As an insurance consumer, you may have insurance policy contracts for auto insurance, home or condo insurance, life insurance and health insurance. Each policy includes terms and conditions that define when and how much the insurance company will pay you for a covered loss.
Occasionally, you may not receive the payment you expect. And, when that "denial of coverage" extends to hundreds or thousands of consumers, some of those consumers may seek an attorney who will file a class action lawsuit.
For example, most auto insurance policies say the insurance company will pay to repair or replace your car after an accident. But, some policies state that the insurance company can use "aftermarket parts" or non-OEM parts – that is, parts that were not made by the Original Equipment Manufacturer. In the '90s there was considerable class action litigation over the issue of whether insurance companies had properly disclosed their intent to use aftermarket parts for repairs.
A class action is a specific type of lawsuit that joins together a group of people who collectively choose to make a claim against one person or party. In the case of insurance class actions, the issues have often been about how much will be paid to repair a car or whether deceptive practices were involved in selling a policy. The claims are often relatively small and not worth the cost of an individual lawsuit, but when consumers join together in a national lawsuit, the law firm representing the class seeks payment for everyone in the group.
If you receive a notification that you are a potential member of a class, you usually have two choices. You can decide to let the class action attorney "represent" you, which basically means that you will be entitled to get whatever settlement is obtained for every other member of the class. Or, you can choose to "opt out" of the class and either represent yourself or hire an attorney to represent you.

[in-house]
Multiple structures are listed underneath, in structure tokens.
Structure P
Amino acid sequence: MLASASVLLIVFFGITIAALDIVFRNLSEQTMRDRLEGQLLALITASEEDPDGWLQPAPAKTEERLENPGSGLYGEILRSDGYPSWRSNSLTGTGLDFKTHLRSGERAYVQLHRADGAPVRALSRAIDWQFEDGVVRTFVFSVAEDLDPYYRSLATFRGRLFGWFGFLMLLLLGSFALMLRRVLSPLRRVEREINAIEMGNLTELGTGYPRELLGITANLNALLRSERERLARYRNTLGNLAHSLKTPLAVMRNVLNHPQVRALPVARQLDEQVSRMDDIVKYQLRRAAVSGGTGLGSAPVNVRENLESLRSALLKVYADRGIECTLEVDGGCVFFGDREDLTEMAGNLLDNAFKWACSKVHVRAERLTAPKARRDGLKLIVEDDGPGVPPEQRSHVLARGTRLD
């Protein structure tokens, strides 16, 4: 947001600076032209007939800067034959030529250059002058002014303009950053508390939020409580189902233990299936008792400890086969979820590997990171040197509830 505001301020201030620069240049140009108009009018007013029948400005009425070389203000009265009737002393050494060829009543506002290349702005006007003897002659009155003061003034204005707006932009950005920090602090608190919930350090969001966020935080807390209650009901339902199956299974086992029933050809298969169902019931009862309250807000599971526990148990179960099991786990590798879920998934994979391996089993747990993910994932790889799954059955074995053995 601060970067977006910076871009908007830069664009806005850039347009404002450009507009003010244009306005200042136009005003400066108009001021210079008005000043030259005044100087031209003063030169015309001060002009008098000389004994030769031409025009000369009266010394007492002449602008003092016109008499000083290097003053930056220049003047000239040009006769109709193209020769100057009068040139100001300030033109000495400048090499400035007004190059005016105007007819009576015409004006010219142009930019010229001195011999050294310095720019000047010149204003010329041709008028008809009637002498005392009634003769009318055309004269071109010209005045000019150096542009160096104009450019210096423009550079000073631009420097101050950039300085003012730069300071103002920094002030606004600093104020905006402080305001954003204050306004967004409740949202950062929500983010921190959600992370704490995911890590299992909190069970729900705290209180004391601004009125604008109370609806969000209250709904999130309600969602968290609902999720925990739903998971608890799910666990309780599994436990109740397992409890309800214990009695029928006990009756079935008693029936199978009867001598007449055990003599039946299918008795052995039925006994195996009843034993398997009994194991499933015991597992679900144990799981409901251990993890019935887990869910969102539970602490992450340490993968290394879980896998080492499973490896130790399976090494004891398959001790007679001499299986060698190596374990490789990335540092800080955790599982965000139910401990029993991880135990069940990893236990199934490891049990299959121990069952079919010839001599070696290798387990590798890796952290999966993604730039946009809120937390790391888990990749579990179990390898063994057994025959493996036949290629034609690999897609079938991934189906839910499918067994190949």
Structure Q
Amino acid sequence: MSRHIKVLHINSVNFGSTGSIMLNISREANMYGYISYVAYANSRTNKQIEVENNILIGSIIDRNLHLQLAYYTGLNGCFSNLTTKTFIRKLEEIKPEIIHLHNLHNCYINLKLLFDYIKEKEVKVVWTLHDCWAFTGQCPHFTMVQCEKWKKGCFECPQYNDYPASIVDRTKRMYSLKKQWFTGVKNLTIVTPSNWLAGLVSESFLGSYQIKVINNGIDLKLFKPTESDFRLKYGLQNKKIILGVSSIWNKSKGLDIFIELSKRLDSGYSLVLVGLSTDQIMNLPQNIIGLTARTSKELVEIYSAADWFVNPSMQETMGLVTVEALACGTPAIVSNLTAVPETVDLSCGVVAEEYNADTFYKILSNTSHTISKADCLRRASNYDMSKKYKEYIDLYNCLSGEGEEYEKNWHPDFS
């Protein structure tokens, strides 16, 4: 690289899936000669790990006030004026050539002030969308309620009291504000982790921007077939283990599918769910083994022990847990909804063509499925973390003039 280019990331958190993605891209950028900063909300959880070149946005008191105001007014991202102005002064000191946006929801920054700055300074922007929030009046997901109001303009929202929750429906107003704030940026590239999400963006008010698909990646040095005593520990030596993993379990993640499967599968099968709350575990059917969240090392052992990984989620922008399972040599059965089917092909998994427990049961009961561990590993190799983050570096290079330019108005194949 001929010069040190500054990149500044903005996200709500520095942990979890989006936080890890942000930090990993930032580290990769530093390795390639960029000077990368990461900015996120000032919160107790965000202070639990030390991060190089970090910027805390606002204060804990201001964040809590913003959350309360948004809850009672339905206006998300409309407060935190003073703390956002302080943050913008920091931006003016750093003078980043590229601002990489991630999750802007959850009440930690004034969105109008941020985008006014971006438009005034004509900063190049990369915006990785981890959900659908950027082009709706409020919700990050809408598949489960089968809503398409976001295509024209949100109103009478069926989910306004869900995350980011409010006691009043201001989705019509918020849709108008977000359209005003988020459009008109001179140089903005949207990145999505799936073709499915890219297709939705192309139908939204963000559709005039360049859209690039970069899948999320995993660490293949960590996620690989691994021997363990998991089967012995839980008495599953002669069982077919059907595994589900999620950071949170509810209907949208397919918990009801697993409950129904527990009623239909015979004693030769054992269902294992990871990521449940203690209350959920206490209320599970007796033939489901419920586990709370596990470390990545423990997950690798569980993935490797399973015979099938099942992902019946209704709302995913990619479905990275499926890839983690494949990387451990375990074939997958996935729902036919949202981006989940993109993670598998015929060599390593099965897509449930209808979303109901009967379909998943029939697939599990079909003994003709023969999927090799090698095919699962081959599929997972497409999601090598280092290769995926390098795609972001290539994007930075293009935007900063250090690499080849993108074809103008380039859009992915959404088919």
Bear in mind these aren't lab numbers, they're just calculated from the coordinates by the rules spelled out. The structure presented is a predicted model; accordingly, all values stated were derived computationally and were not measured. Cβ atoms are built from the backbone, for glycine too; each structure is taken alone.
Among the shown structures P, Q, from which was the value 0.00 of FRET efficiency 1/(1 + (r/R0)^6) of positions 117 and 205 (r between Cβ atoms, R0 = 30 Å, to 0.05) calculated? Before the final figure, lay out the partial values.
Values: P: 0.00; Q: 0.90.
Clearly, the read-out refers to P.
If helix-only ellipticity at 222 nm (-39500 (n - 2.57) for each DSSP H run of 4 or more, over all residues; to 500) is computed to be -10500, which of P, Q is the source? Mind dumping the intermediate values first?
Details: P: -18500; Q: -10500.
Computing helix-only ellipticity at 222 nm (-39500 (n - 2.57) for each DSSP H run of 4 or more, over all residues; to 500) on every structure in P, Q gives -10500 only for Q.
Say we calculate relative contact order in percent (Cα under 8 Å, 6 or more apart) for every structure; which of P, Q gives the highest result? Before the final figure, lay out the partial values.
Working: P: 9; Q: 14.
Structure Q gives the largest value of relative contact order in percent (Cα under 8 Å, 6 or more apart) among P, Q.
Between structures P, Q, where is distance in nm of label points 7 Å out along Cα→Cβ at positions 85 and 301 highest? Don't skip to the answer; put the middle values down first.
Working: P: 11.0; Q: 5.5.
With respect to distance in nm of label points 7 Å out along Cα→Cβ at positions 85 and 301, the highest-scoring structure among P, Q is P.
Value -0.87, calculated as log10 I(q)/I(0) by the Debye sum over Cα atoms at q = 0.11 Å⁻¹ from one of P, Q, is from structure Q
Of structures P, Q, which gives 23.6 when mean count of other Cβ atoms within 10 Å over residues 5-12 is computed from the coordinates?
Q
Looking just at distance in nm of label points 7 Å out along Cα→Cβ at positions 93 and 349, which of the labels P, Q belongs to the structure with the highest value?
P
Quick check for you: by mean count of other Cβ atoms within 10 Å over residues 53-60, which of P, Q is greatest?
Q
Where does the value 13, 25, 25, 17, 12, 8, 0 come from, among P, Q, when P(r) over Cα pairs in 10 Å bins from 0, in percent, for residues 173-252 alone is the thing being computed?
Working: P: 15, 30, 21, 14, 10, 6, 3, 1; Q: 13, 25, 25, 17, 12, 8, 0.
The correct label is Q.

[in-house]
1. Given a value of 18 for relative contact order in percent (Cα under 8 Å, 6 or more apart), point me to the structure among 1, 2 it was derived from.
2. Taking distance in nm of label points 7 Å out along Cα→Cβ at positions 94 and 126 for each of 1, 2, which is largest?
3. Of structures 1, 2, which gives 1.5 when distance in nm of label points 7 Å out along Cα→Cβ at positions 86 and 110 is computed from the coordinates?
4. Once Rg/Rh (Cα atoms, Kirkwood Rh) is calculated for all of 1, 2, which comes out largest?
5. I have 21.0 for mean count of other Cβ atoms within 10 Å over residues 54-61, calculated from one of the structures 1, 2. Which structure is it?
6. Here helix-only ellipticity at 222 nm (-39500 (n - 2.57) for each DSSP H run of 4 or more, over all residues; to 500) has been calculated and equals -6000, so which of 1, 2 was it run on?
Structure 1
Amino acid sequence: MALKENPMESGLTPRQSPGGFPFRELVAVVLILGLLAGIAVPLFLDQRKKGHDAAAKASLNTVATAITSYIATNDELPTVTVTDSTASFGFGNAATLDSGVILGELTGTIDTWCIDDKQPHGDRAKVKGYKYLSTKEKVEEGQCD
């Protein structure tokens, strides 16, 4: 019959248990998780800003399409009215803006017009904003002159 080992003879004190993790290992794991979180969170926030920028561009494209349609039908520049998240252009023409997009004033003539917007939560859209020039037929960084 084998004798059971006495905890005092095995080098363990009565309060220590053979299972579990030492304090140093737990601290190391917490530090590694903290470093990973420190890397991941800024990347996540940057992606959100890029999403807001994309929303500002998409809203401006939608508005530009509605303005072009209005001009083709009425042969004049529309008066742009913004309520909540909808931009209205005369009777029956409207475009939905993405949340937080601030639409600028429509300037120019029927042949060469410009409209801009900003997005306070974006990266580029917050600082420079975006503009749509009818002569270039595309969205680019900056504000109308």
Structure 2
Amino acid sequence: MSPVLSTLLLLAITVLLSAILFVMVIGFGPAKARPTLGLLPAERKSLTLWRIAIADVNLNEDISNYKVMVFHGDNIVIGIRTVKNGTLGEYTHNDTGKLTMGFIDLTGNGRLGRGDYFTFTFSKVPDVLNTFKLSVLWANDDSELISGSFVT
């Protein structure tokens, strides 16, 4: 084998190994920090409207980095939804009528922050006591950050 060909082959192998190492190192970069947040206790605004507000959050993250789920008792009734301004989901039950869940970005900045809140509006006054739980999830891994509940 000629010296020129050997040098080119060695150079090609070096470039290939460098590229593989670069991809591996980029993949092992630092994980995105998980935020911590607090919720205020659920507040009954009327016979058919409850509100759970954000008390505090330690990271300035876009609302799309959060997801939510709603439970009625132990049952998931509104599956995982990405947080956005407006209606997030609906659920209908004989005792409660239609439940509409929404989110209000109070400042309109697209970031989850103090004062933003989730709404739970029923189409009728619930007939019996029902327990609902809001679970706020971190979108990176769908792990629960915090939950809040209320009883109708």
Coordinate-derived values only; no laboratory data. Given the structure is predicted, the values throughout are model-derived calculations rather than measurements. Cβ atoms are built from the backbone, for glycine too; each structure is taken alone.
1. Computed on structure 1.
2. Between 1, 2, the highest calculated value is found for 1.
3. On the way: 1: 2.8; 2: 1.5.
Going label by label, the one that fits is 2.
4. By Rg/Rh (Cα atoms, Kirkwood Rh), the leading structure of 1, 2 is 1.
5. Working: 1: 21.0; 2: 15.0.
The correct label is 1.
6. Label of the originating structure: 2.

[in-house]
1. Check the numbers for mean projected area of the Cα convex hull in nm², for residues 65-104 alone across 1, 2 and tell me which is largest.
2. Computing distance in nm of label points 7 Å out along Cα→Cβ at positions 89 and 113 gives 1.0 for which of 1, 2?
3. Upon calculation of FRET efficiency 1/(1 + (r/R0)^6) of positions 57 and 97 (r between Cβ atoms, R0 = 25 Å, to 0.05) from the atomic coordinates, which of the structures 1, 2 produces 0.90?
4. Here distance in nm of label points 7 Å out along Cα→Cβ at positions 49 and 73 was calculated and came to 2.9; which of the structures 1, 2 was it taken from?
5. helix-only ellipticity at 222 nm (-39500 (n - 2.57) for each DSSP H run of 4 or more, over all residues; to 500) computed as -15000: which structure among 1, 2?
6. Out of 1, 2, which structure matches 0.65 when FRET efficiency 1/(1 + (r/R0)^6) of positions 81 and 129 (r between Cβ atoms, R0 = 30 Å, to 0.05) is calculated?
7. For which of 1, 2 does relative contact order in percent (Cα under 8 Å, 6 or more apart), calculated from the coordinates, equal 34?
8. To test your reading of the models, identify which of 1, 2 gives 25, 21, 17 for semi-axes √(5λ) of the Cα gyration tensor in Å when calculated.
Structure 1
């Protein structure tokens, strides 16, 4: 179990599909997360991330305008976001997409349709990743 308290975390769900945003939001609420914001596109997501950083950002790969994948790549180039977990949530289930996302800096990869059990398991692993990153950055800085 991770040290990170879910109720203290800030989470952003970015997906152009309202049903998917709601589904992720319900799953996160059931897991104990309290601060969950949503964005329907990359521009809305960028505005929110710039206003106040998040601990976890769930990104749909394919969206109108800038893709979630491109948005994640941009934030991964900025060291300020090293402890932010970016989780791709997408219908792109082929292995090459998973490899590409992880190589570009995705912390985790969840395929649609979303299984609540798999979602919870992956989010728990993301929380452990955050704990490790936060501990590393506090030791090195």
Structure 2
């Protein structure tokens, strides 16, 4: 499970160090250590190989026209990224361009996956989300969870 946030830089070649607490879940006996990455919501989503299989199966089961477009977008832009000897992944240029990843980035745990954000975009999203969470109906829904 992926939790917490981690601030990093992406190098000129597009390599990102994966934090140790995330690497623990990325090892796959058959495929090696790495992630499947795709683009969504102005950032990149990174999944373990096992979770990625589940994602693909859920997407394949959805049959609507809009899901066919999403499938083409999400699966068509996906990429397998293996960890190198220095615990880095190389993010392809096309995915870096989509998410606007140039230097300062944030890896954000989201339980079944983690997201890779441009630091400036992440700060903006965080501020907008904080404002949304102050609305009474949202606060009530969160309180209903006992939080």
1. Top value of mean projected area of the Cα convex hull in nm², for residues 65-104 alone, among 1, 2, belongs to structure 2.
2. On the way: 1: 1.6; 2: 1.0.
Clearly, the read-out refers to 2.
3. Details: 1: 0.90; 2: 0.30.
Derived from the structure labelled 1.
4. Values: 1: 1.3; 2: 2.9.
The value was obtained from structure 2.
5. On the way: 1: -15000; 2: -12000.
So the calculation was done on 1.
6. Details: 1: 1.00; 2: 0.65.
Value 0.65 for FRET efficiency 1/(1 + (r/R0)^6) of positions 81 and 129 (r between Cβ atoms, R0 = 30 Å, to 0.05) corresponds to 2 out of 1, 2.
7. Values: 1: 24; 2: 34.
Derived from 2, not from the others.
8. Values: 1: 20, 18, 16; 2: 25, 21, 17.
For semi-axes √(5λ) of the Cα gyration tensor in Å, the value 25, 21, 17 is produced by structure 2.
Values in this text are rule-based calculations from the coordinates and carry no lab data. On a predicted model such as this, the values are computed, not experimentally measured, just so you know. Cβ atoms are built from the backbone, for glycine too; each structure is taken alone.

Our advice about whether to join the class? It's often not worth it to hire an attorney for a small auto insurance claim, but you should read the notice carefully, to determine whether you want to be bound by the results of the class action suit. But, if you have a larger amount in dispute, such as the payment from a life insurance settlement, it's a good idea to consult an attorney before waiving your rights to proceed with your own lawsuit.
As you can imagine, insurance companies and class action litigants have a lot at stake, so most auto insurance or other insurance class action lawsuits are settled before trial. If you receive notice of a settlement, you may need to provide proof that you are actually entitled to a payment of other type of settlement. It's a good idea to keep copies of old auto insurance policies, in case you need to send a copy. And, even though life insurance is not often the subject of class action suits, be sure to keep your life insurance policies in a safe place and tell your family how to find it.
If you receive a monetary settlement from an auto insurance lawsuit, or from a lawsuit involving your home, health or life insurance, some portion of the payment may be taxable. For example, if an insurance company did not properly pay for the damage to your car and the cars of all the class action litigants, the additional amount paid would not be taxable, because you were originally entitled to that amount under the terms of your insurance policy. But, if you also received interest on the payment or some other monetary penalty was paid, those amounts may be taxable.
How can you be sure whether to include a settlement amount on your tax forms? Wait to see if you receive a 1099 form from the insurance company that paid you. The amount shown on the tax form must be shown as income.
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